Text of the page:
Fat-Tailed Gerbil (Fat-Tailed Gerbil or Fat-Tailed Mouse) information

fat-tailed gerbil The Fat-tailed Gerbil (Pachyuromys duprasi) is also called Fat-tailed Mouse or Fat-tailed Gerbil. They are desert animals native to the northern part of the Sahara. The Fat-tailed Gerbil is a very striking animal, with its round body, pointed snout and thick bald tail.

Head-torso length : up to 10 - 14 cm
Body weight : 45 grams
Life expectancy : 3 - 7 years

Fat-tailed gerbils are twilight and nocturnal, meaning they are most active in the evening, night and early morning. However, in captivity they are also regularly awake during the day.

Gerbils don't have necks

Tame and familiarize yourself with the Fat-tailed Gerbil

Always read carefully before you decide to get a fat-tailed gerbil. They are very nice pets that are regularly awake, so that they can also be seen during the day. Although the Fat-Tailed Gerbil looks very sweet and cuddly, he does not always like to cuddle and to be picked up, he finds it very scary in the beginning. Because the animals do not see depth, they can run off your hand if they are startled. It is therefore important that there is always a parent present who can help and support when children handle the animals.

A new resident should be approached calmly, especially in the first time. The animal must first become familiar with its own enclosure and feel safe in it before it dares to approach people. Fat-tailed gerbils are quite shy animals that take time to get used to. Give the animal time and try to make contact calmly by talking to the Gerbil. Handing over some treats often also works well to gain the trust of the animals. They let the picking come over them, as it were, they don't resist.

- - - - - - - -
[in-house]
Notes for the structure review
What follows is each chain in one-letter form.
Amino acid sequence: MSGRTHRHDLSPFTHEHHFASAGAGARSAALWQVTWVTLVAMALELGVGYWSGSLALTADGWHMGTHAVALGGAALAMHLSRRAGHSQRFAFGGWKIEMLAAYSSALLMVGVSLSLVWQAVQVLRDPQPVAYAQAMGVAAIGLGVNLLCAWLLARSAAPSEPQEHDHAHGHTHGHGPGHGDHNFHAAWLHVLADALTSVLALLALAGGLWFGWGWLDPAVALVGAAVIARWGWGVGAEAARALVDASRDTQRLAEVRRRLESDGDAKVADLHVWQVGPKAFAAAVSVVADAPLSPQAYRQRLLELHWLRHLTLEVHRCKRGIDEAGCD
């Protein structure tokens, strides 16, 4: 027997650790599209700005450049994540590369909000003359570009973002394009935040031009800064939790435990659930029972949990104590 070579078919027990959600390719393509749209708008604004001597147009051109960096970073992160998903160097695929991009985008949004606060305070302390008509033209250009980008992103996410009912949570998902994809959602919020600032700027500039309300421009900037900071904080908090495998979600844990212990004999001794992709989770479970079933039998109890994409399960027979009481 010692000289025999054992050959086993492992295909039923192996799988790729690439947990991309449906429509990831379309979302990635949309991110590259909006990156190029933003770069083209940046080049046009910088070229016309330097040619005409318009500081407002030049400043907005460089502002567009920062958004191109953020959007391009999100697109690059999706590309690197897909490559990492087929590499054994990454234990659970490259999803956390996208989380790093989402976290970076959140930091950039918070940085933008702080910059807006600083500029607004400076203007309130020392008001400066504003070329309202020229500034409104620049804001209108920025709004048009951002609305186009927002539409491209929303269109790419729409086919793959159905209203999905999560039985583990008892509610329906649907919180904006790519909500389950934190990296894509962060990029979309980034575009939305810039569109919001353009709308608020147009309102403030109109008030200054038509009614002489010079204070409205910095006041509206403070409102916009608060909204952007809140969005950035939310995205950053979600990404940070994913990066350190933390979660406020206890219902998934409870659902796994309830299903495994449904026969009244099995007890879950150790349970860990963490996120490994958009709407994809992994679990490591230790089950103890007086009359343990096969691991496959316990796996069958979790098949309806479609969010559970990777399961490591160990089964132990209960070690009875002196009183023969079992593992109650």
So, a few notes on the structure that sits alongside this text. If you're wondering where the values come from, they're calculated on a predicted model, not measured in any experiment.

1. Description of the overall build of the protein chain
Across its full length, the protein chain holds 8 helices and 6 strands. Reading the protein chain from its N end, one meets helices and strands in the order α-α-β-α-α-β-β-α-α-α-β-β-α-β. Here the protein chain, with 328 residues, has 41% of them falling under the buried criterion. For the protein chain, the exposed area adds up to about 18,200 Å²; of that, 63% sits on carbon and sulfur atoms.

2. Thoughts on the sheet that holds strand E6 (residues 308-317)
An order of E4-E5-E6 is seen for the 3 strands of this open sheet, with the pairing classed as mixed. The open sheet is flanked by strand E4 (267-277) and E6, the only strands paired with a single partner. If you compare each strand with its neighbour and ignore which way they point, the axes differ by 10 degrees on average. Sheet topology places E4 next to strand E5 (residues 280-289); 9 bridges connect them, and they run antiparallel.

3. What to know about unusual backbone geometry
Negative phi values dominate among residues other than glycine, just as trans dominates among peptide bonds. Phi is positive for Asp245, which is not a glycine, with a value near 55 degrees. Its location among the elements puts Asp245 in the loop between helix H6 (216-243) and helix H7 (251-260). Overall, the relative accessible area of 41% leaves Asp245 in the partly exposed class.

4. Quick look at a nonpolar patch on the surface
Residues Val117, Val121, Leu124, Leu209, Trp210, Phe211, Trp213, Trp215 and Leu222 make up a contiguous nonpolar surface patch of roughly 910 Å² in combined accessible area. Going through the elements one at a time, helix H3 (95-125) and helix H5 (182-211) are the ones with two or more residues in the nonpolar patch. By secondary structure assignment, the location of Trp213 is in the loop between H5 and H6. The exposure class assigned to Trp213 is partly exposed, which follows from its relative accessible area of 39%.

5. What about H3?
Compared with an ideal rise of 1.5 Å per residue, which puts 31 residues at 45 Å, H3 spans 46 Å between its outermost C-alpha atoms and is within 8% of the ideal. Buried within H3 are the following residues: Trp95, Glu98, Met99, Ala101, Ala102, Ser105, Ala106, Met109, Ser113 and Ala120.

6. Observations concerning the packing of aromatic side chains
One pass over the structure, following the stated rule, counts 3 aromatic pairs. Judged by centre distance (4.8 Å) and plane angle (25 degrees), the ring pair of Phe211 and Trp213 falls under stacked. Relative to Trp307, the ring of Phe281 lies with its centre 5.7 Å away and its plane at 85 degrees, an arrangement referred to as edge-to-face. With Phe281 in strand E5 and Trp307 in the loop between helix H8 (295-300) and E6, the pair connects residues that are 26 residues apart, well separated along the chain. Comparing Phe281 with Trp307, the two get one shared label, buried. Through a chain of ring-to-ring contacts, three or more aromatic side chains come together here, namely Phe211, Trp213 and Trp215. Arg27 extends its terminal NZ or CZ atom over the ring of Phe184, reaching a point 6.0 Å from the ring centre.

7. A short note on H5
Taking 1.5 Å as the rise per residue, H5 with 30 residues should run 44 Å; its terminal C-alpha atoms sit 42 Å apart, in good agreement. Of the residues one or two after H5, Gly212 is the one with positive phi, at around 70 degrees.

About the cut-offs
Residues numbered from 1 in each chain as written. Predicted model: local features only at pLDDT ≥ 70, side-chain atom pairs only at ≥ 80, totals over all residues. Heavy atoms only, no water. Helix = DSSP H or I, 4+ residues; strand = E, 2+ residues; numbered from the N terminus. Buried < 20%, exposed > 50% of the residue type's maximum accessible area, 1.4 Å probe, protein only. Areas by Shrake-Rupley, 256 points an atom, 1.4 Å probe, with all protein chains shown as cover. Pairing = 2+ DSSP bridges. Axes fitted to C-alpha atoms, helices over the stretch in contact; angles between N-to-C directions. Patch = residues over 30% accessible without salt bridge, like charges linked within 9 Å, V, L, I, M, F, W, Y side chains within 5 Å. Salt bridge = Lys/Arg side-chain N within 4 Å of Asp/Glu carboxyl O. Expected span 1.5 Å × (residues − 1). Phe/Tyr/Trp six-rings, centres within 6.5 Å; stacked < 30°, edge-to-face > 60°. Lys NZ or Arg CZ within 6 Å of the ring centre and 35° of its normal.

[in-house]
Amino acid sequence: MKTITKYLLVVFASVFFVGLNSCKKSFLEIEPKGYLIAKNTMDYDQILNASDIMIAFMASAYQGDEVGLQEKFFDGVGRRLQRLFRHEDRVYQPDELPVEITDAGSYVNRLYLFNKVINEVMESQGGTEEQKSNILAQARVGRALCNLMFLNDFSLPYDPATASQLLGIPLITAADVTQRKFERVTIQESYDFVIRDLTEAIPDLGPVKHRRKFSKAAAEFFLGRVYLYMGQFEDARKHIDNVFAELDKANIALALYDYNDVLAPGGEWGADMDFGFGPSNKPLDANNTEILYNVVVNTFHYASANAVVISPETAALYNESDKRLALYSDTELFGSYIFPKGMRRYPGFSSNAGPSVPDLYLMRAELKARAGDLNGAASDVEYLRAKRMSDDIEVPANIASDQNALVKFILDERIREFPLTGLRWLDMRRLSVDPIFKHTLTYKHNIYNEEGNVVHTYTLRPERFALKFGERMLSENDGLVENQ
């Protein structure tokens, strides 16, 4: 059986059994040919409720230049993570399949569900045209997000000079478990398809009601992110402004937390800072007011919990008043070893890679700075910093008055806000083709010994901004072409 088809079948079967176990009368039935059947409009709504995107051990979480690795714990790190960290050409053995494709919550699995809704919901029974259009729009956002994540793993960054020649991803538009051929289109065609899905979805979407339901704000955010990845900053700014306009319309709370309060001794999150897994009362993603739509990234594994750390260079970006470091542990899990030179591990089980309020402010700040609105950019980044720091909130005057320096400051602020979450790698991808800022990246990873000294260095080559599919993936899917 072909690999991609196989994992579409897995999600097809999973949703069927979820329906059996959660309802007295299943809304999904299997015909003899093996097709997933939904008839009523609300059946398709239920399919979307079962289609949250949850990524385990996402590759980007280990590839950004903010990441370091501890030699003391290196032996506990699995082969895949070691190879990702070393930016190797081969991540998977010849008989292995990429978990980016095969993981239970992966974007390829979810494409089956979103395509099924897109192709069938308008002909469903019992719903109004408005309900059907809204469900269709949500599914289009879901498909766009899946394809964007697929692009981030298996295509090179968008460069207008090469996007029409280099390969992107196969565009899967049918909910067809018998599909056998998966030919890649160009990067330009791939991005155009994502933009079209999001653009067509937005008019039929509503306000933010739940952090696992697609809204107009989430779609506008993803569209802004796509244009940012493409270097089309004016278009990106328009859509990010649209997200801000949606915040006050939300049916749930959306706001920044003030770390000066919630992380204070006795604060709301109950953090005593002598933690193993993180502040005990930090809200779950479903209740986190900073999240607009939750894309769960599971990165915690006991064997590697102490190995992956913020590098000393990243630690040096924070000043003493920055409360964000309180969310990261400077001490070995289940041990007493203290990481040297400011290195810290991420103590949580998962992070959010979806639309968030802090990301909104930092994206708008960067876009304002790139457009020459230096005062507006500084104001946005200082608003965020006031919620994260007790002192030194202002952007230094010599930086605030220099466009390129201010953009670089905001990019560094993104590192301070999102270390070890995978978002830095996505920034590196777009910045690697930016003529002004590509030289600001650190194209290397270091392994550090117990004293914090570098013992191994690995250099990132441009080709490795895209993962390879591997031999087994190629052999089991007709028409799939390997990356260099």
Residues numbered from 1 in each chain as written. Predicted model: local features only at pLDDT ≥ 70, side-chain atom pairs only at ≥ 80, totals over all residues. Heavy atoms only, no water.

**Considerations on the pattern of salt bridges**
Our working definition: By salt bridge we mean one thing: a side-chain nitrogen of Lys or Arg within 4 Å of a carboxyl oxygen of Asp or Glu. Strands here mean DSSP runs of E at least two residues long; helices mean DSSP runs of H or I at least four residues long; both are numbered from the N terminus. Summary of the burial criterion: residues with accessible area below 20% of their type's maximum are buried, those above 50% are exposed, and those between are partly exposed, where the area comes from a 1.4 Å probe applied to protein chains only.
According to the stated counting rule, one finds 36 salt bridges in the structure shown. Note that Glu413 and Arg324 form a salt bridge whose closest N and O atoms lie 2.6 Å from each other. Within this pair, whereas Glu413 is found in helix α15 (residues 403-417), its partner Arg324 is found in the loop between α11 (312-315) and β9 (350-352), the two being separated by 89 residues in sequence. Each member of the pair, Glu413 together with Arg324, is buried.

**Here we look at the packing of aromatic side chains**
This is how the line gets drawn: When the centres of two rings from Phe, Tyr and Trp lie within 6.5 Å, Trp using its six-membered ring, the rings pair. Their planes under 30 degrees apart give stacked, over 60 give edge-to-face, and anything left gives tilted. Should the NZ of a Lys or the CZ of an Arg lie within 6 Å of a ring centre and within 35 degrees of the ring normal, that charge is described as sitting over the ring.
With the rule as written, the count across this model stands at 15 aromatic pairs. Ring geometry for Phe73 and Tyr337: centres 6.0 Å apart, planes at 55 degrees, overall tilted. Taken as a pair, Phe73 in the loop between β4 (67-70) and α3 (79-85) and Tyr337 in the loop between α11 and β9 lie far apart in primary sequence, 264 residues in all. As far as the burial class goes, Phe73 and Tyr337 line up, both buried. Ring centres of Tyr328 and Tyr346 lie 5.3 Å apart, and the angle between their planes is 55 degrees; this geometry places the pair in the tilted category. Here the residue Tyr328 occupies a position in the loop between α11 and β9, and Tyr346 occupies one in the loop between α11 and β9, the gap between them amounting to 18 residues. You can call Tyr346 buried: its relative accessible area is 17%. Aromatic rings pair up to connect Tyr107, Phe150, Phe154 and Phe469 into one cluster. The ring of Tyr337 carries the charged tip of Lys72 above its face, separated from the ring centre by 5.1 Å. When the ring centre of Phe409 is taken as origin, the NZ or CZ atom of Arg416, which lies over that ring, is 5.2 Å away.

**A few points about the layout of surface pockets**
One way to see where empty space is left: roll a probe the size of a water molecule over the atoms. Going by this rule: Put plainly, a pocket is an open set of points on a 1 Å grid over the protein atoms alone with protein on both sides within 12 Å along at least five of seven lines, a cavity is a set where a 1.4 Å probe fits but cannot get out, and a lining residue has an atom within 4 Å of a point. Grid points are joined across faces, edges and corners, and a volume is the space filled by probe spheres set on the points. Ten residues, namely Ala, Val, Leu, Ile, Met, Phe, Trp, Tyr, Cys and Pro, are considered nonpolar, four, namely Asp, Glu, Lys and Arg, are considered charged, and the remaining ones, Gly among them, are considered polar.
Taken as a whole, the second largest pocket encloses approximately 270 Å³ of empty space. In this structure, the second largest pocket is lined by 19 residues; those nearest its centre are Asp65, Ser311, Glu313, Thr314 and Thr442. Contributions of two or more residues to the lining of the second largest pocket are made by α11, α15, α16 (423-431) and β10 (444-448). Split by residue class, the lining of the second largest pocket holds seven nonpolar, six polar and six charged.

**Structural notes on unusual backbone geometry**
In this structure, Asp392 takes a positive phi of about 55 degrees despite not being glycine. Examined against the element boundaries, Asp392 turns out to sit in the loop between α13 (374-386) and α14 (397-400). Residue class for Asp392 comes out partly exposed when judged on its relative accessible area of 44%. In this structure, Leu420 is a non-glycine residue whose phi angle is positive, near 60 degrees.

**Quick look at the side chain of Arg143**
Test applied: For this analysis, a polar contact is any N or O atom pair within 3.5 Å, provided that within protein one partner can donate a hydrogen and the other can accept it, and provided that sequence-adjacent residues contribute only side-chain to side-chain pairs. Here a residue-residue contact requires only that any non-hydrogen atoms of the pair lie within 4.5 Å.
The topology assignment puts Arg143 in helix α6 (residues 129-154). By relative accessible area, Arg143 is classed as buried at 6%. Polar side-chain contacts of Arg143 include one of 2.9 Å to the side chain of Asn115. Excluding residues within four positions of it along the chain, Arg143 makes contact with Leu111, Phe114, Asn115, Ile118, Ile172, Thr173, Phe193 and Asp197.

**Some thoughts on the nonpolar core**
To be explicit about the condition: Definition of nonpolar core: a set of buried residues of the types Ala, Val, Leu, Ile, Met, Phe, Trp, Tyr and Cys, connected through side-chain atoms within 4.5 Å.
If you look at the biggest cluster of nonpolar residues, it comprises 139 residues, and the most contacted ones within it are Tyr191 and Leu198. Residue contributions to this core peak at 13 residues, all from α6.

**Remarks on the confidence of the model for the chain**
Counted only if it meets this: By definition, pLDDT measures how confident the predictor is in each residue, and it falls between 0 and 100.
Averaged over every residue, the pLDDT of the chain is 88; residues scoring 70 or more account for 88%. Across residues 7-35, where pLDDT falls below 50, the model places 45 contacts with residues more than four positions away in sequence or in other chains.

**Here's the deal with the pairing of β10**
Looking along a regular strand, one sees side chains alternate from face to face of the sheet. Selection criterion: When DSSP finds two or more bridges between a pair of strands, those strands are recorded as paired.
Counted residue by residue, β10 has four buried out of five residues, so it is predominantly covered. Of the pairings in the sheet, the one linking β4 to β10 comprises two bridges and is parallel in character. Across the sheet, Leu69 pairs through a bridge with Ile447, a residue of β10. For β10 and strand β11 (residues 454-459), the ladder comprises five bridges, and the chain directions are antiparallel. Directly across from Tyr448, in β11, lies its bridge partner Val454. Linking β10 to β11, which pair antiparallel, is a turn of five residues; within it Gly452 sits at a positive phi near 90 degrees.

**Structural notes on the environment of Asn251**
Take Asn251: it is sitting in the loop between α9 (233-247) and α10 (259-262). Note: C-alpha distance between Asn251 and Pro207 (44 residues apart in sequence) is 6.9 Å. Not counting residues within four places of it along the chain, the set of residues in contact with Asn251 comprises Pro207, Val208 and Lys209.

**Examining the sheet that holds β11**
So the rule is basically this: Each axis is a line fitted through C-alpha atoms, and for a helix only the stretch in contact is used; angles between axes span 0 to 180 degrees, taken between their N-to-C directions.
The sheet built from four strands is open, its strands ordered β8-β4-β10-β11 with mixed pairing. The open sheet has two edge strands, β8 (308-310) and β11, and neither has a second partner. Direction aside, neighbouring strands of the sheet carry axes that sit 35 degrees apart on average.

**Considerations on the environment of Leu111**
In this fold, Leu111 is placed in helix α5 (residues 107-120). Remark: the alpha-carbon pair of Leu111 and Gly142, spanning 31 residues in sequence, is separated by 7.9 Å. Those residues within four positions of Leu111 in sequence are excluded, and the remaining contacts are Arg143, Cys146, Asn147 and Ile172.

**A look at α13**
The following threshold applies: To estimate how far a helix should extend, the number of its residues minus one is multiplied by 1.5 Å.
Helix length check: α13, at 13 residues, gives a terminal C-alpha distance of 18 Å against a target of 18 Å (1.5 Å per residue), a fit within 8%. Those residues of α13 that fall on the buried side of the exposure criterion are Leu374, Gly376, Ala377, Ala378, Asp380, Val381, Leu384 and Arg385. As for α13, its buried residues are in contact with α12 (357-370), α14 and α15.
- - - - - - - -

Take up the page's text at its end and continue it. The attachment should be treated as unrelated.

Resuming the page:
Tip! Fat-tailed gerbils love dried mealworms

Housing of the Fat-tailed Gerbil

Fat-tailed gerbils need a spacious enclosure of at least 100 x 50 cm ( LICG ). A good enclosure gives the animals the opportunity to dig, but there must also be a sand section of at least 1/3 of the enclosure. In the wild Fat-tailed Gerbils build beautiful tunnels and they would like to continue to do so in captivity. A castle in the wild is at a depth of at least 1 to 2 meters and is about 1 meter long. The depth of the castle depends on the ambient temperature. When the temperature rises, the gerbil digs deeper underground to reach the cool earth, a kind of natural air conditioning.

Fat-tailed gerbils are desert dwellers, which means that they also need a large section of sand in their enclosure that is filled with bathing sand in the form of Chinchilla sand. The animals quickly develop a greasy coat, which in the wild offers protection against environmental influences such as temperature and dry air. In our house, the Gerbils must always have a sandbox filled with chinchilla sand so that they can bathe as needed. If Fat-tailed Gerbils cannot bathe in sand, their fur will become very oily within a few days and a yeast infection may develop.